Monday, July 16, 2012

At The End by John Hennessy

My Rating: 1.0 / 5.0

Amazon Rating: 4.10 / 5.00
Goodreads Rating: 3.89 / 5.00

Disclaimer: I was sent a copy of this book free from the author via a Librarything Member Giveaway, in return for an honest review.

From Goodreads:

Night 1: 12 billion taken.

Day 1: Confusion.

Night 2: 13 billion taken.

Day 2: Panic.

Night 3: 13 billion taken.

Day 3: The fight for survival begins.

In 2048, the human population borders 39 billion after the termination of the birth control industry, and the realities of overcrowding have sunken into the minds of the world, until billions mysteriously go missing. In the wake of civilization’s collapse, a trio of teenage gamers from Washington struggle to endure. Maggy, a strong-willed intellectual, leads Darrel and Félix, two shy geeks, on an expedition down the west coast, as they try to determine the source of humanity’s downfall.

A YA post-apocalyptic sci-fi thriller.

As you can see from the description above, this looks like an interesting premise, so I was pleased to receive a free copy from the author. I am partial to good Sci-Fi and I like the way that post-apocalyptic novels can explore society and show character development. However, this book left me confused, frustrated and disappointed.

We begin the book in the point of view of Darrel and we are told almost at once that the cause of the ‘mysterious’ disappearances is not all that mysterious: huge space craft arrived over all the major cities on Earth the day before the first people vanished. Although Darrel has no idea how they were taken, it is obvious that they have been beamed aboard the space ships or vaporized by the aliens. It seems that Darrel was spared from his parents’ fate by some foil that he had wrapped around his bed many years earlier. This seemed a pretty groan-worthy plot device, but was confirmed when both of Darrel’s equally nerdy friends were the sole survivors in their households. They team up, wrap themselves in foil, and set off to find out where everyone has gone. They discover that some humans have been left behind so that they can be hunted by the aliens who look like six-legged lions, which the team nickname ‘alions’. After surviving a massive explosion and several car crashes I could no longer suspend my disbelief and stopped reading, so I do not know if the trio managed to defeat the alien menace, although I imagine that they do.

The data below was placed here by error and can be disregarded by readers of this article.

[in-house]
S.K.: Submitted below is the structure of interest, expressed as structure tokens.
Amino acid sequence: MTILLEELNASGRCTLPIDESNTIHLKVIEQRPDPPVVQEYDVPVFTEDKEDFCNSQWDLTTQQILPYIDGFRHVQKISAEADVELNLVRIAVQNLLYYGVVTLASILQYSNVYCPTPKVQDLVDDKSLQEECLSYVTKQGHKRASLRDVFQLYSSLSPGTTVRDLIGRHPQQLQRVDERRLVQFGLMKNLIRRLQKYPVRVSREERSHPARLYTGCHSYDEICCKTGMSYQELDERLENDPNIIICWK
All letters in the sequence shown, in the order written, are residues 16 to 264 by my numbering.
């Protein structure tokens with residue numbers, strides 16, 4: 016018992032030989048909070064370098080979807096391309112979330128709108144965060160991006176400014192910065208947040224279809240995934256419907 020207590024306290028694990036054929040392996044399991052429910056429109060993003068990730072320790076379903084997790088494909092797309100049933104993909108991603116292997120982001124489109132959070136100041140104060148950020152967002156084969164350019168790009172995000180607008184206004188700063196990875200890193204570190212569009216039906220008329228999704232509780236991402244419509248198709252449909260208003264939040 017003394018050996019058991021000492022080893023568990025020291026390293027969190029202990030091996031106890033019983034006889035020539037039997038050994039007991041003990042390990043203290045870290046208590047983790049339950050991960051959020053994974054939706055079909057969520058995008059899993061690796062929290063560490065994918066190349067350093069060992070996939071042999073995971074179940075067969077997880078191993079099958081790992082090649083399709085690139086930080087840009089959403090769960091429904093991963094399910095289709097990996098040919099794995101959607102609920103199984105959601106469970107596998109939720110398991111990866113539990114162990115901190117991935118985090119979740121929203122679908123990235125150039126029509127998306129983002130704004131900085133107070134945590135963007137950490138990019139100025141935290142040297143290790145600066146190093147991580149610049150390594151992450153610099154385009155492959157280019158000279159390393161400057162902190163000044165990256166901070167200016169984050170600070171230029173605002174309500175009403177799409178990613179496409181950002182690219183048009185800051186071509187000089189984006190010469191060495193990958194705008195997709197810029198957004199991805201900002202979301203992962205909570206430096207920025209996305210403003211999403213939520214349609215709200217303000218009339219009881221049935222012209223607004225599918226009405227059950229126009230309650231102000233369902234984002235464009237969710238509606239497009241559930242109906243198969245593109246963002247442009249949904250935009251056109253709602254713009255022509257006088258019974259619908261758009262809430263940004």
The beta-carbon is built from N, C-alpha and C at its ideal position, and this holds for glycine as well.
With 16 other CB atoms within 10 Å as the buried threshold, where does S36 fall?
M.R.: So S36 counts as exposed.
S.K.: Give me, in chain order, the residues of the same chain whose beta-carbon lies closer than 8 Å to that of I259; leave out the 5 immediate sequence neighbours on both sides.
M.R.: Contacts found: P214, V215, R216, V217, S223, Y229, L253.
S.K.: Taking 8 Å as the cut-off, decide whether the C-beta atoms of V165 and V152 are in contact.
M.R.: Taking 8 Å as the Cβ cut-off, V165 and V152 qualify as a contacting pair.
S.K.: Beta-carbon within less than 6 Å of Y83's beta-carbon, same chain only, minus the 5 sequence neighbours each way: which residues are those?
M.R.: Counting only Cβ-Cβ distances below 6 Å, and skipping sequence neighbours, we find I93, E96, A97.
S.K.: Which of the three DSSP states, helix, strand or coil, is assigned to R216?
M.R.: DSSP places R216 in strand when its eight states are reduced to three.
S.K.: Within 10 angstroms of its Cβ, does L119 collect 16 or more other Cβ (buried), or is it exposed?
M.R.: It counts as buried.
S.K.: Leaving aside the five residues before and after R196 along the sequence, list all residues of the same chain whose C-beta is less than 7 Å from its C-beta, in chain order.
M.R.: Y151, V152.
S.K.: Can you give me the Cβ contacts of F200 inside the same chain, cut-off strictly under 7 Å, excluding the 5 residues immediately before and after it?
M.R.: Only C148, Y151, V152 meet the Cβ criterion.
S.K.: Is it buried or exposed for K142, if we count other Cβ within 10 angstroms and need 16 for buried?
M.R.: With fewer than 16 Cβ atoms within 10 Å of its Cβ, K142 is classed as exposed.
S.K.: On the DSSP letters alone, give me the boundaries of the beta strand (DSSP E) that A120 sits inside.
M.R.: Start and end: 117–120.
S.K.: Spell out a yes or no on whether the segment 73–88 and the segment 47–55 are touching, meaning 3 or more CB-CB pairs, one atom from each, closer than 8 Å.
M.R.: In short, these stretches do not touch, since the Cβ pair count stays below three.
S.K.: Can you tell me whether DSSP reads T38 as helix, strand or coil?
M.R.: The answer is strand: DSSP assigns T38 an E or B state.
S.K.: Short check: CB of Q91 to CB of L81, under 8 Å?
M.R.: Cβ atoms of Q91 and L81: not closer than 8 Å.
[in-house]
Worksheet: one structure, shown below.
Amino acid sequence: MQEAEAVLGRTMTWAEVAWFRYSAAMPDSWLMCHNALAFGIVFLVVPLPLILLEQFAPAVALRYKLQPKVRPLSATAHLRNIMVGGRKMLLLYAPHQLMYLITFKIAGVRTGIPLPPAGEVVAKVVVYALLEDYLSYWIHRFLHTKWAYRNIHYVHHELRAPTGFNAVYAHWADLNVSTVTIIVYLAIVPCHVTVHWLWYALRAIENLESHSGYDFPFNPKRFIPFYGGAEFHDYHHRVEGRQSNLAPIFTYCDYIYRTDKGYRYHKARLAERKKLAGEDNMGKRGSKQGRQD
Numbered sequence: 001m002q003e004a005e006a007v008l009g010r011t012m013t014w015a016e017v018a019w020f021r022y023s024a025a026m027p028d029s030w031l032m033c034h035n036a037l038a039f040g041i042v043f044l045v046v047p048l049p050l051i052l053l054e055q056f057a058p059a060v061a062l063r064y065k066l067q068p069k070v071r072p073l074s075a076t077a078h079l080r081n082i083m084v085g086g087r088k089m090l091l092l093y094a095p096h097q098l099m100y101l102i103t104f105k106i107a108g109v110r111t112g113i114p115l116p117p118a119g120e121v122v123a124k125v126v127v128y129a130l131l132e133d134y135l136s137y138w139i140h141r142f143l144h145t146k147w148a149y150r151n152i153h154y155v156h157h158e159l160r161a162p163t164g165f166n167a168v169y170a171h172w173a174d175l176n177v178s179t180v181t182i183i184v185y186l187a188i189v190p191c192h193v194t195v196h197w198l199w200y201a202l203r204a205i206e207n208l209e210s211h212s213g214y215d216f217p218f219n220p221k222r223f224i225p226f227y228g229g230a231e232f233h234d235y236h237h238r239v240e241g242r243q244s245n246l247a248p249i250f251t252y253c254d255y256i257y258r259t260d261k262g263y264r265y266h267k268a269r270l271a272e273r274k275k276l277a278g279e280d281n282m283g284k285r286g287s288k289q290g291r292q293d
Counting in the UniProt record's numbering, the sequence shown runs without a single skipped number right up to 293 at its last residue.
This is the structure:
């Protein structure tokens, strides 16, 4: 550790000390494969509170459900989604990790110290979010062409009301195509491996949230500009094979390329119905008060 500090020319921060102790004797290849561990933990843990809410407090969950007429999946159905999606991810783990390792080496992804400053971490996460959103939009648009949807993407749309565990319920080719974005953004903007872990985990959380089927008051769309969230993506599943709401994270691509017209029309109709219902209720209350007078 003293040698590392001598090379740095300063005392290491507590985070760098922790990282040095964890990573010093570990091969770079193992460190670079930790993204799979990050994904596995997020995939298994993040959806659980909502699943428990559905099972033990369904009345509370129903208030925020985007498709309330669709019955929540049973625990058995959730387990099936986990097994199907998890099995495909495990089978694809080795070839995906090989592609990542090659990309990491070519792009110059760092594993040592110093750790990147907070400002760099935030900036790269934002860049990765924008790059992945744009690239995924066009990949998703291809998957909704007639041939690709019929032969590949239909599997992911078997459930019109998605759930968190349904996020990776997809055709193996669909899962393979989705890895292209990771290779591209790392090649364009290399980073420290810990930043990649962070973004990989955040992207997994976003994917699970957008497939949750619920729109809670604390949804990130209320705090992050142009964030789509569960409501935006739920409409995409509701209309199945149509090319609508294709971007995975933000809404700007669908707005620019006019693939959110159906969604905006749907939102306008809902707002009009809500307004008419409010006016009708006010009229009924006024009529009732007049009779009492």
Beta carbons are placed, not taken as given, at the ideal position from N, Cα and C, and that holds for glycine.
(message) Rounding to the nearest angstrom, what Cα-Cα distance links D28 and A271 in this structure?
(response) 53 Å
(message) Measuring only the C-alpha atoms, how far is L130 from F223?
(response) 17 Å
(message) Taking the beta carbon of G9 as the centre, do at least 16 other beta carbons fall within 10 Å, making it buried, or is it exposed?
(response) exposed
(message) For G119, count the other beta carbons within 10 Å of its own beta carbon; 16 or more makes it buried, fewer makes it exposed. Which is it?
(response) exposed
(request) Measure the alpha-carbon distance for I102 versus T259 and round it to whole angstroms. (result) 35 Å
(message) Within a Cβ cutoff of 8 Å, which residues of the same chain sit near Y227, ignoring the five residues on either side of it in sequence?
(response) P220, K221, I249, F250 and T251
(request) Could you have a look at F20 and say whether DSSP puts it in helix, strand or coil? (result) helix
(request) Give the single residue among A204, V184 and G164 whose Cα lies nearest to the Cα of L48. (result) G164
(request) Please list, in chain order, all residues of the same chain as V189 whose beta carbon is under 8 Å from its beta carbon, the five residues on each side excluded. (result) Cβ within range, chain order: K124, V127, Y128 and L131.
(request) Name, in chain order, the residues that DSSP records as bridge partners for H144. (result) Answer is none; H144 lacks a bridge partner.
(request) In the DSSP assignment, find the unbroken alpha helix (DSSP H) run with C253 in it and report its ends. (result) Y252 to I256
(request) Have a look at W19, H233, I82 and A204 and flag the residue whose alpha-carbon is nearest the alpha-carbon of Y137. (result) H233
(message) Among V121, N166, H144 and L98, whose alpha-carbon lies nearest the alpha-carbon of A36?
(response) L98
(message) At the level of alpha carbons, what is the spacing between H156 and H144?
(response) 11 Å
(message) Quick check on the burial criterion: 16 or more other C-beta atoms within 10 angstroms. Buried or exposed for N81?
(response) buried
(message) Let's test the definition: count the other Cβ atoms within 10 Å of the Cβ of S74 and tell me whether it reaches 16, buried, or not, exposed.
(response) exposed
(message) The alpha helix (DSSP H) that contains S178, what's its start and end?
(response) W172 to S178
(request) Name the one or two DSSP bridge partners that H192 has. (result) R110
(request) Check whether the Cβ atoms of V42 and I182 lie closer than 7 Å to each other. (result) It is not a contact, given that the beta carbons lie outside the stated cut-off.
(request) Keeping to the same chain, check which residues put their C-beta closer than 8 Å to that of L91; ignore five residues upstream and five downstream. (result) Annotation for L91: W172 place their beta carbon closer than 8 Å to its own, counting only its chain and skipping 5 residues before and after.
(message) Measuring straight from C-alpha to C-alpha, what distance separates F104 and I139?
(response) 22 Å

From the description I was expecting a lot more mystery and tension than the book delivered. This could have been resolved by placing the teens in a more rural setting and disabling the television and radio systems so that they had no idea what was going on. We would then have had a much more gradual and tense discovery of the aliens and their intentions. I also struggled with the teens surviving incidents that would have left them all badly injured and incapable of continuing their journey. These seemed unnecessary, placing them in situations of jeopardy through their own stupidity and requiring unbelievable and overly dramatic escapes. Surviving one such incident can be ascribed to amazingly good luck, but a series of them reduces my capacity to believe in the characters if they are supposed to be normal humans in a normal universe.

The main characters were fairly cliché and two dimensional, with the obligatory love triangle to add to the mix. They made some very odd decisions, such as driving towards the giant alien ship hovering over Seattle, rather than driving away from it or at least going around the city. Although I can understand that teenagers might not make the best decisions in this kind of situation, they did seem to behave in a manner that was inconsistent with their supposed intelligence. Their dialogue was very irritating, with an overuse of the terms ‘bromigo / bramiga’. Also, it was also unfortunate that the author chose to use both the characters’ names and nicknames without any explanation of who was who, so I was often confused about who was being spoken to or about.